The conference stressed that in the law of this nation that the charge of murder or culpable homicide must be proven beyond reasonable doubt, wondering why a judge would trifle with an offence of culpable homicide, which attracts death by choosing to draw conclusions of guilt of Maryam based on hearsay.
“We must point out that no witness testified to seeing Maryam stabbing her husband, no murder weapon was tendered by the police in evidence, no confessional statement was made by Maryam or anyone else for that matter and no two of the six Police witnesses corroborated each other’s testimonies to the effect that Maryam killed Bilyaminu.
“So, what evidence did Justice Halilu rely on to convict Maryam apart from circumstantial evidence? This is not the position of the law. The law is that no person shall be convicted for the offence of murder, which attracts capital punishment based on circumstantial evidence.
“In fact, it was the evidence of all the Police Witnesses that none of them knew exactly what and who killed Bilyaminu. However, PW 1 (Ibrahim Mohammed) and Maryam agreed that she had a serious quarrel / fight with Bilyaminu, whom he took a knife from three times when she wielded it against her husband.
“In his evidence, he did not say on any of the three occasions he took the knives from Maryam, he got cut. No. what does that suggest? It simply means she did not plan to hurt anyone at all, talk more of her husband whom she loved jealously. “Yes, she was jealous, yes, she was angry. But if she did not hurt PW1, who is her husband’s friend when he got the knife from her on three occasions, how could she have planned to hurt her beloved husband?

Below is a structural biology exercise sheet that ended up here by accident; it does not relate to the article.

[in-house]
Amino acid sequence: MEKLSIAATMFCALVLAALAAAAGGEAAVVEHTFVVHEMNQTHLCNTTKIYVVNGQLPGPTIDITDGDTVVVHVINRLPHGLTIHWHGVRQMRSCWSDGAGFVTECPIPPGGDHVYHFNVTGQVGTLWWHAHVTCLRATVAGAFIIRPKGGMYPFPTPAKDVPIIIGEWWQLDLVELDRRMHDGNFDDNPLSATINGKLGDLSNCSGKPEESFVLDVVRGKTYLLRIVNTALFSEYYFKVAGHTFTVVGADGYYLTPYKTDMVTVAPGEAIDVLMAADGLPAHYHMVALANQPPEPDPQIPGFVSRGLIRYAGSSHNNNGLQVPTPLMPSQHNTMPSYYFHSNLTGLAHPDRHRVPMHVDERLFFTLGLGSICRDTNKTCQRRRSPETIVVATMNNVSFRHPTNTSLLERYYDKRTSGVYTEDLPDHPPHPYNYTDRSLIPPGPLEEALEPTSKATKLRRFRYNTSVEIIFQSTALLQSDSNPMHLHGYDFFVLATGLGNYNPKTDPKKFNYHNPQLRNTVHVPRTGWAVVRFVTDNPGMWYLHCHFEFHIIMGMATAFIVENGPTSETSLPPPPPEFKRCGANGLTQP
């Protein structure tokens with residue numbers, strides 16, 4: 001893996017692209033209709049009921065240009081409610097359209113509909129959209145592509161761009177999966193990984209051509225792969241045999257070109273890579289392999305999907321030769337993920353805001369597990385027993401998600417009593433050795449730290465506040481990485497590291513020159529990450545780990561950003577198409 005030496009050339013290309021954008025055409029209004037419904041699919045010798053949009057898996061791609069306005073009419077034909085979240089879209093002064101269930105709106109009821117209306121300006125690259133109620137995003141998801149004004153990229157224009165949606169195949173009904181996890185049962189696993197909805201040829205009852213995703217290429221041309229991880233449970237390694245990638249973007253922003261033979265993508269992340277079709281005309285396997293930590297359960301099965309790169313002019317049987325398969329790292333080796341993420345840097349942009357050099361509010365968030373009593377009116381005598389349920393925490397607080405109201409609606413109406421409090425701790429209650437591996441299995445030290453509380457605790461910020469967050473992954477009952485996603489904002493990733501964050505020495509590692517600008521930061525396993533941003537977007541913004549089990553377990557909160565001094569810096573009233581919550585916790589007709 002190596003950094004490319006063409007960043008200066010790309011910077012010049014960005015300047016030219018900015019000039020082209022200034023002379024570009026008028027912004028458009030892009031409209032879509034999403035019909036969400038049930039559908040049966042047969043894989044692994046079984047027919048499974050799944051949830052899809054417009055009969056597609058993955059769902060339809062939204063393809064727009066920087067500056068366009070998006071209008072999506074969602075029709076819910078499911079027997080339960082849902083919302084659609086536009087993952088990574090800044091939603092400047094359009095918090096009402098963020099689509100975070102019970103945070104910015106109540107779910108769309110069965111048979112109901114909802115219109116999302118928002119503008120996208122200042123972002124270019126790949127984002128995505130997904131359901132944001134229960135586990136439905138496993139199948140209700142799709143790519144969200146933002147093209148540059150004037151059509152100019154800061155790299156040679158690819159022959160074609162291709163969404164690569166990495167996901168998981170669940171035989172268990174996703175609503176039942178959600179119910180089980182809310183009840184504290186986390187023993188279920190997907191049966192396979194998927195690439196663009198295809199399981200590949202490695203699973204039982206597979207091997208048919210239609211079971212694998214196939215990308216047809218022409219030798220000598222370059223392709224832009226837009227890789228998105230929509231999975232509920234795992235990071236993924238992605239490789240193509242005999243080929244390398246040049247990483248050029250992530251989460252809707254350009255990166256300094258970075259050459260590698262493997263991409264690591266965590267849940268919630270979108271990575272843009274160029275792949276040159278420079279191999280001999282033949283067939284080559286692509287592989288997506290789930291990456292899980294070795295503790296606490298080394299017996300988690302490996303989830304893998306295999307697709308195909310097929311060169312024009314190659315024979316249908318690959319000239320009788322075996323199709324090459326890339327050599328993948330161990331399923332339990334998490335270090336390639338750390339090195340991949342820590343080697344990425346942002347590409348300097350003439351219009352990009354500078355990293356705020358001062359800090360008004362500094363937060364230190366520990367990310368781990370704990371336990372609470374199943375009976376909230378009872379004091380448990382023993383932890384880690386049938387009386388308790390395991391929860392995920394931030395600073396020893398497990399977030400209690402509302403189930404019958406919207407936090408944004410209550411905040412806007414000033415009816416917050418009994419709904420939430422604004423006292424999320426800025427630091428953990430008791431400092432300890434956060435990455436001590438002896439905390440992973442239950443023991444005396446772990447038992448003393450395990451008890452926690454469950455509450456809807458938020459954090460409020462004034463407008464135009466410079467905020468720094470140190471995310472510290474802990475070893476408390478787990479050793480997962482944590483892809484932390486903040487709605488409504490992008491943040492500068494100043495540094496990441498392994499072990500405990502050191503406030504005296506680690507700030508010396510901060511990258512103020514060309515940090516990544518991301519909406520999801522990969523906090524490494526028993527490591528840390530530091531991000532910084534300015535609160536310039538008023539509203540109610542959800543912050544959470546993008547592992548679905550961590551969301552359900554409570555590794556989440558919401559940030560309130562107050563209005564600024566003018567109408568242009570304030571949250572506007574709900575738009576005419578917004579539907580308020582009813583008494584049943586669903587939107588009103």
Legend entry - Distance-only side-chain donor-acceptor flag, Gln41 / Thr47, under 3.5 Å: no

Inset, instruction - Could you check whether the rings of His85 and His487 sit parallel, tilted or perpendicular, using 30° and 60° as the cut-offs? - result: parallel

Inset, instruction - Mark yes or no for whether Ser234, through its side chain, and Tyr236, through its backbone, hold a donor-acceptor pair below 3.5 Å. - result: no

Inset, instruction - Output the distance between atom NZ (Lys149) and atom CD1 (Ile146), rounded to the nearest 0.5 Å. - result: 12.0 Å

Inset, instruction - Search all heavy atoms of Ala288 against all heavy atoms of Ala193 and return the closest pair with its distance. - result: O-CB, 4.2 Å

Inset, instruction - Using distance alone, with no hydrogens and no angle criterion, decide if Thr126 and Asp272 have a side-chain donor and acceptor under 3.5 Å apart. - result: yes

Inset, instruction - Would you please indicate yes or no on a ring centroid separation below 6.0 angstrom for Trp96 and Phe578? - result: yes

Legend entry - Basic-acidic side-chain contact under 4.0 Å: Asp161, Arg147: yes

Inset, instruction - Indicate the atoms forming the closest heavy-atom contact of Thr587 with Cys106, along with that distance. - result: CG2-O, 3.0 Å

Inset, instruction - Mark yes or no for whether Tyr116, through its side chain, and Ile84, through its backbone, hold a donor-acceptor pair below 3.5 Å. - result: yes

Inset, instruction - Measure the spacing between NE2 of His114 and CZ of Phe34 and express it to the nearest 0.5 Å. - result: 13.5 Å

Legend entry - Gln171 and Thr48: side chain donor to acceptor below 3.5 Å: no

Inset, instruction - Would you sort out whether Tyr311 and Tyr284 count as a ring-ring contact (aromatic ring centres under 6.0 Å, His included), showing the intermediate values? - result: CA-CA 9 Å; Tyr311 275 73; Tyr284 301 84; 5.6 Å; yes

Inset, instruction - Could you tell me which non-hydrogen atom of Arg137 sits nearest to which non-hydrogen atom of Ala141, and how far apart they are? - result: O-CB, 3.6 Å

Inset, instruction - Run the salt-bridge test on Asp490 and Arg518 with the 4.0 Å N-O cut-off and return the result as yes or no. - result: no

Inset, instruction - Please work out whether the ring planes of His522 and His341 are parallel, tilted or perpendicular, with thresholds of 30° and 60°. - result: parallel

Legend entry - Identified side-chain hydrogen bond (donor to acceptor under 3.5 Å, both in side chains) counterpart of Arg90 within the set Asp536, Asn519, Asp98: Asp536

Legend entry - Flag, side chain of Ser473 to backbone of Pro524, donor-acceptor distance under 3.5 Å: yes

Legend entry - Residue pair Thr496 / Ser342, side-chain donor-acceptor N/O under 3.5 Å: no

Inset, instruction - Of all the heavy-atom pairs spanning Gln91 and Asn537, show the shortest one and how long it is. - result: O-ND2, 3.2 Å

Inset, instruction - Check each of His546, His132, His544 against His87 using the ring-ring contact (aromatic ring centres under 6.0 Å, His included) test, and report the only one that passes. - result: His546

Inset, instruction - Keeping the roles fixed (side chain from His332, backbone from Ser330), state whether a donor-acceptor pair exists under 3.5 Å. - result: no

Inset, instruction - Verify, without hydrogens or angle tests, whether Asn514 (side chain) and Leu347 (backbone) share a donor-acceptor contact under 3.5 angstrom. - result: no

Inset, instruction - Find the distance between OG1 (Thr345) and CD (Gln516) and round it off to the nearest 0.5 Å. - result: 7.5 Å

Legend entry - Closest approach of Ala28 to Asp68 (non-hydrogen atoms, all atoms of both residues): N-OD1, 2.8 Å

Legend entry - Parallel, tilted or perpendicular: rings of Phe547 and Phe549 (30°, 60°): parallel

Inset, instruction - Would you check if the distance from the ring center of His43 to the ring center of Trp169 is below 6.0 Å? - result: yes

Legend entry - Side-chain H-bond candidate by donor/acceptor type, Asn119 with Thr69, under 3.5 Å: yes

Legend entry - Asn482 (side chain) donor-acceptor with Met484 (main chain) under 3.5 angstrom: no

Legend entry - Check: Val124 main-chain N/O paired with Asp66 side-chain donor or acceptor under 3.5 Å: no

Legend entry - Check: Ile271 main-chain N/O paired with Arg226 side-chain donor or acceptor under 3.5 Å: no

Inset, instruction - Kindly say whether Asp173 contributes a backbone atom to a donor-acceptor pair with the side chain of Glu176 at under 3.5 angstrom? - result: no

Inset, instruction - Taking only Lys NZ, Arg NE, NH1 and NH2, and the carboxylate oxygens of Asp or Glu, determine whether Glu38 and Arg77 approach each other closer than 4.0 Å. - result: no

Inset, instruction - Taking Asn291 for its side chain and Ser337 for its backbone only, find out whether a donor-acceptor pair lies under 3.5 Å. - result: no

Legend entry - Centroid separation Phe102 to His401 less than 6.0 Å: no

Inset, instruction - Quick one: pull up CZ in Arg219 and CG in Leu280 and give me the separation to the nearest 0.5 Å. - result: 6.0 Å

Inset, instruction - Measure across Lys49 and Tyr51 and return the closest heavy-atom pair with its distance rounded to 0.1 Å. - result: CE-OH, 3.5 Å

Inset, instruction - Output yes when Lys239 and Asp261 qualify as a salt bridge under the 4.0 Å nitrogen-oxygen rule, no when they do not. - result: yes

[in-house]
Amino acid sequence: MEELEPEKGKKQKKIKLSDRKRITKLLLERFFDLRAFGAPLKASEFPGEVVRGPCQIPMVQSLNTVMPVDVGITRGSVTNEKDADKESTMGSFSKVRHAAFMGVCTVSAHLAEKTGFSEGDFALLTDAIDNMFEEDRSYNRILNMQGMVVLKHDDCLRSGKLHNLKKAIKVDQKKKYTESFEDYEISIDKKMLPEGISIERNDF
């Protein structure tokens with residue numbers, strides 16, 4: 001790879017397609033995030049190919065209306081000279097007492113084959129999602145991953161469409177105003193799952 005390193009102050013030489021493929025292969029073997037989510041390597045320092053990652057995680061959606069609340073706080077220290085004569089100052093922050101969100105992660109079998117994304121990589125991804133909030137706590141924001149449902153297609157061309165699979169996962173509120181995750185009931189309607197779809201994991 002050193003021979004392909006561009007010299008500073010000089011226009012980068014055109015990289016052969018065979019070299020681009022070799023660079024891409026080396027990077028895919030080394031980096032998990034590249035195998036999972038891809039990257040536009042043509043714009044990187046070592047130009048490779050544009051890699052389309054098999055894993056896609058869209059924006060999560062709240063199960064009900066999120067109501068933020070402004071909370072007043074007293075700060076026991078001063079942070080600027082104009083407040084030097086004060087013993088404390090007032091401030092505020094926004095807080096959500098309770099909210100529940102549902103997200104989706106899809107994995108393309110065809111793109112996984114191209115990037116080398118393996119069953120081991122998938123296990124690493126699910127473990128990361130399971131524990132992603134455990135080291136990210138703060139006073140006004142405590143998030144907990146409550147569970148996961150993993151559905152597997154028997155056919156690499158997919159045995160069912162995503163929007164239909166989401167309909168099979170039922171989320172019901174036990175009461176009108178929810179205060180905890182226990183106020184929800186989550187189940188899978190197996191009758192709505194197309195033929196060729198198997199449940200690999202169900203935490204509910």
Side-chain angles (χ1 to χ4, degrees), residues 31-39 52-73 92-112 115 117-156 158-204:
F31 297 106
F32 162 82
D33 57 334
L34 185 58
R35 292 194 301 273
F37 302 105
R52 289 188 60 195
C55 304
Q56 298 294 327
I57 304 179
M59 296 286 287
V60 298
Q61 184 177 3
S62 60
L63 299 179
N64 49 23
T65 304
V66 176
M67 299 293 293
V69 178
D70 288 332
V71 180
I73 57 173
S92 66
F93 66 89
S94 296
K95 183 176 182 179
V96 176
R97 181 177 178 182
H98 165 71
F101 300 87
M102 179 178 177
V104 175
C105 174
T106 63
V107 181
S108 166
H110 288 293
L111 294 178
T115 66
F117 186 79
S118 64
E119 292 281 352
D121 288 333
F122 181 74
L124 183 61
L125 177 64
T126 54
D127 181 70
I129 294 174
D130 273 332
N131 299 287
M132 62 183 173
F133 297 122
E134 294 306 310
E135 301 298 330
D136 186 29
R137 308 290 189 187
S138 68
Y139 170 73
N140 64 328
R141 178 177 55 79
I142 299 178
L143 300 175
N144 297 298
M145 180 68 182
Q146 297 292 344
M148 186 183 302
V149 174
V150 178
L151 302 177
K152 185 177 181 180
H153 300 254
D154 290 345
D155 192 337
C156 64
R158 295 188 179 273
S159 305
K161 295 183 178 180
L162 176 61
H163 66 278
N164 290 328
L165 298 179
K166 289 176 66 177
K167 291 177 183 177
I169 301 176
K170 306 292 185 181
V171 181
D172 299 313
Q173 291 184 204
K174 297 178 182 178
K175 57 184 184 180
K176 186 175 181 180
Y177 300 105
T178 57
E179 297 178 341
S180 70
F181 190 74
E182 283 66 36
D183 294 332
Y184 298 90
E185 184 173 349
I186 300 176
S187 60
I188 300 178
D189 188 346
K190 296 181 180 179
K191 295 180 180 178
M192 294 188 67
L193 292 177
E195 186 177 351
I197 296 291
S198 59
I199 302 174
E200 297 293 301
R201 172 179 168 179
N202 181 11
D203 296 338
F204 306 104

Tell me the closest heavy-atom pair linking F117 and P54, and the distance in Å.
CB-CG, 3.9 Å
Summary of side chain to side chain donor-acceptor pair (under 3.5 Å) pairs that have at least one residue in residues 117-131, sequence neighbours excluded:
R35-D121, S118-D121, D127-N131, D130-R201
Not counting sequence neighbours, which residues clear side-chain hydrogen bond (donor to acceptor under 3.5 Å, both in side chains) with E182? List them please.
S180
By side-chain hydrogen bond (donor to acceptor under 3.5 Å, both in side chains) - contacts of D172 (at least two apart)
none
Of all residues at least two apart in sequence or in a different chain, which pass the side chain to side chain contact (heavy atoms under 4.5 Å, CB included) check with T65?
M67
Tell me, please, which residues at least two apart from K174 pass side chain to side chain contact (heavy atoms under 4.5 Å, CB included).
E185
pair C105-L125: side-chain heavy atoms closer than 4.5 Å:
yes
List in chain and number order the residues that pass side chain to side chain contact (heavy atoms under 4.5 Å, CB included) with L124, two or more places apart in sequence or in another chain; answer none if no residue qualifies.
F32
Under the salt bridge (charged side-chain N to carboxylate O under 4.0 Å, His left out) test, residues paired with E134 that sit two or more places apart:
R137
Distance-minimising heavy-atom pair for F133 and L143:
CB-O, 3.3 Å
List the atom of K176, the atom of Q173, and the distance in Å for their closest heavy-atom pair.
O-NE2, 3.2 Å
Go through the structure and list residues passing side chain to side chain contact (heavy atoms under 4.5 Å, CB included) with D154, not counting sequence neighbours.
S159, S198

“The judge committed a fatal blunder when he failed to consider the preliminary objection and rule on it one way or the other before delivering his judgment. We advise them to make this a number one ground of appeal as I believe it is a settled principle in our law that without fair hearing a proceeding is flawed and incurably defective.”
Doctrine of double jeopardy
On her part, Ms Aniefuna of SOCEGE stressed that there was the need for the two little kids of the couple to be put into consideration before passing the judgement.
“We appeal to our common humanity. Let us put these children first in our consideration. When we think of the two little kids of Bilyaminu and Maryam both under two years, all we think of is the doctrine of double jeopardy. We know that in our laws double jeopardy is prohibited.